Ask any random group of diners to name the best restaurant in St. Louis and, chances are, you'll get the same three or four places. It's equally likely that every one of this select group is a fine-dining establishment. This is understandable. Not only do fine dining restaurants provide the backdrops for our most precious moments — a birthday, a graduation, a proposal — they also represent the pinnacle of the restaurant business. They are where the top chefs push us out of our comfort zones, the up-and-comers earn their chops, the food is impeccable and the service goes far beyond merely taking an order. Fine dining is about more than just food; it's about creating experiences. In that sense, the credit is not just deserved, it's earned.
But what about those other experiences? Maybe it's the joy that comes from being at a diner at 3 a.m. and biting into a greasy grilled cheese on butter-soaked Texas toast, flecked with old bacon drippings from the flat-top. Pair it with a cup of sludgy black coffee and conversation with friends, and it's as beautiful a match as foie gras and Sauternes. A dish like this, from one of the city's venerable all-night institutions, wouldn't likely make it on anyone's top ten list, yet it can bring as much joy as a five-star meal.
And it's not just the usual crop of diners or old-time doughnut shops that are spreading this edible mirth. Over the last few years, the opportunities to have a memorable culinary experience outside of white tablecloth settings have expanded in St. Louis, making us rethink what is meant by "great food." There's the thrill of discovery that comes from wandering into the quickie mart on a Saturday and finding Sabor Si (1133 Bellevue Avenue, Richmond Heights; 314-647-2696), a secret pop-up taco shack. Or the surprise that comes from discovering that the catfish and Philly cheesesteak signs outside North County Worldwide International Market (7238 N. Lindbergh Boulevard, Hazelwood; 314-731-3500) are actually a front for some of the city's best falafel. And who can say that Mrs. Kahn's lamb vindaloo at the unassuming Spice N Grill (6800 Olive Boulevard, University City; 314-721-2421) doesn't belong in the conversation about St. Louis' best dishes?
Fine dining isn't dead — it never will be. It's just no longer the end of the conversation and the only measure by which food should be judged. And more importantly, fine dining no longer has the monopoly on quality. Consider the delicious Neapolitan pies Joey Valenza is making at Melo's Pizzeria (2438 McNair Avenue Rear, 314-833-4489). You won't get a salad here, much less a sommelier, but sitting at a picnic table outside the garage where he bakes his pizzas, beer and slice in hand, you won't miss them.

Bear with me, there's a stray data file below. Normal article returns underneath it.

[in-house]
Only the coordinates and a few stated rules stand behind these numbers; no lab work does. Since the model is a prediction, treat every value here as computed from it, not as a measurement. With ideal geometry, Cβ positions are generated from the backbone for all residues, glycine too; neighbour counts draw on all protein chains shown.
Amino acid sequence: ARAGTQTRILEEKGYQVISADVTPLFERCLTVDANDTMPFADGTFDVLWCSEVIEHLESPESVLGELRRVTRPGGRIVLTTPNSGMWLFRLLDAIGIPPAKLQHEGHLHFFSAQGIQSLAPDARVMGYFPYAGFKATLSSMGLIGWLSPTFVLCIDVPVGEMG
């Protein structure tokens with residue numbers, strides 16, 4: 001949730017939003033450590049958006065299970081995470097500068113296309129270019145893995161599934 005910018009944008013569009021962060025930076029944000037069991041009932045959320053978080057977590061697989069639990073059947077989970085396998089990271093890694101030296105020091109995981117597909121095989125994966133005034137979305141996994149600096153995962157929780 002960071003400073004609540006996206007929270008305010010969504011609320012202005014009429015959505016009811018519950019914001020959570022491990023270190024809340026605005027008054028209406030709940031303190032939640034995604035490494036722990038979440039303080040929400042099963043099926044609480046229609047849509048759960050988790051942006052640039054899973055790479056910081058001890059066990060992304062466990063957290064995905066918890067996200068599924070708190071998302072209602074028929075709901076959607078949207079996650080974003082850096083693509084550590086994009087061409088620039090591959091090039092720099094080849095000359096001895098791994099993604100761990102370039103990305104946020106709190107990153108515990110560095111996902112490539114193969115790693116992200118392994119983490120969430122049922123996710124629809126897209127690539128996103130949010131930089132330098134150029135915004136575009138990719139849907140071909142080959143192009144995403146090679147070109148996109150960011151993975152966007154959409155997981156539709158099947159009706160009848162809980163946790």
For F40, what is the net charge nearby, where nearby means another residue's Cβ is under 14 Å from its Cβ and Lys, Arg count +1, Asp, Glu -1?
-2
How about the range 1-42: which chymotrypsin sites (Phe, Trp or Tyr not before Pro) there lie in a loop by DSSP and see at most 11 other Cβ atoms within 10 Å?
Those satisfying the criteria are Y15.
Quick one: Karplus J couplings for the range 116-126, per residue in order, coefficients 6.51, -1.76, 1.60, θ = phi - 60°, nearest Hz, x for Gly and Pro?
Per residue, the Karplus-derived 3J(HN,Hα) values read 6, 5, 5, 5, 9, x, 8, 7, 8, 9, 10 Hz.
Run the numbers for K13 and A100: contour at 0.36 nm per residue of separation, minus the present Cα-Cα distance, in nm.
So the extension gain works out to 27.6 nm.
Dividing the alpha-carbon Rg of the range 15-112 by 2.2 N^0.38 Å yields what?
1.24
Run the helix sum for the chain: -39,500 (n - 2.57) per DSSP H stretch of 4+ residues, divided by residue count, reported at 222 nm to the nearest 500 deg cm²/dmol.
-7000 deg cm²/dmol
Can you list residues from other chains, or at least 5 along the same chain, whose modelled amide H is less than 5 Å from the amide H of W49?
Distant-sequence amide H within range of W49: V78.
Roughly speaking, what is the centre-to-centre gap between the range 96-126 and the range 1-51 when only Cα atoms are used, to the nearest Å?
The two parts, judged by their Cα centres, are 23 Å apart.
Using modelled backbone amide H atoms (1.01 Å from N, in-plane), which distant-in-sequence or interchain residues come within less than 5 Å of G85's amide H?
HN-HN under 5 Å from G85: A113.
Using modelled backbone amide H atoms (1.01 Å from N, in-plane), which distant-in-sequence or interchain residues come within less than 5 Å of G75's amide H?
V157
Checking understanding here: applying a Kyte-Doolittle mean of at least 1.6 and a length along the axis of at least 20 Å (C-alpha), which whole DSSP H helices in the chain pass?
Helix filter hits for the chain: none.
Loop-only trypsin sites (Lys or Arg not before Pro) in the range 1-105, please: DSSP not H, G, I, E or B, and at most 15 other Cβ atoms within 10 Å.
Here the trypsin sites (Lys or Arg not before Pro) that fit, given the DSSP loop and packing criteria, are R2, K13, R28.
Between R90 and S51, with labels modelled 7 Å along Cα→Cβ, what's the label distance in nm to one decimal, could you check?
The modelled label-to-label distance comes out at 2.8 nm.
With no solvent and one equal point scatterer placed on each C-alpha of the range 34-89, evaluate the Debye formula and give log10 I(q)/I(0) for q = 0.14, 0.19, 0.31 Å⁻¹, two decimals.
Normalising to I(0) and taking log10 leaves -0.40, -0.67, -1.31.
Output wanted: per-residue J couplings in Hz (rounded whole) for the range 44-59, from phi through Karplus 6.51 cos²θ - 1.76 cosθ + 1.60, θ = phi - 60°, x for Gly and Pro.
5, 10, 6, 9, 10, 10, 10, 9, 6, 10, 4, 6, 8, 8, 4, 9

Or check out what Ted Wilson and company are doing at Union Loafers (1629 Tower Grove Avenue, 314-833-6111), the fast-casual bakery and café in Botanical Heights. Wilson's naturally leavened sourdough is not just bread; it's art — good enough on its own and just as good as a canvass for former Niche chef Brian Lagerstrom's cooking. Ask any chef, and they'll speak of his baking prowess with the reverence reserved for those at the pinnacle of their craft. And to think, this edible bliss costs a few dollars and can be torn into on a park bench.
Even the city's top chefs are getting in on the casual action. Gerard Craft's Porano Pasta (634 Washington Avenue, 314-833-6414) is an exercise in seeing how gourmet a fast-casual spot can be, with its housemade products and commitment to sustainability. Kevin Nashan's Peacemaker Lobster & Crab (1831 Sidney Street, 314-772-8858) is the lively yin to Sidney Street Cafe's elegant yang, a place to enjoy some of the city's freshest seafood with as much reverence as you'd muster at a beer-fueled beach party. And some of the most exciting, innovative food being served in St. Louis right now comes from Brian Hardesty and Joel Crespo's Guerrilla Street Food (3559 Arsenal Street, 314-529-1328) brick-and-mortar, a gig Hardesty came to after years in white tablecloth ventures.
But what's equally exciting is that you don't need these chefs' pedigree to knock it out of the park. Outstanding food these days often comes courtesy of unknown cooks at unexpected, low-key places —and as they democratize our vibrant restaurant landscape, they show us that there is more than one way to define "fine" dining.
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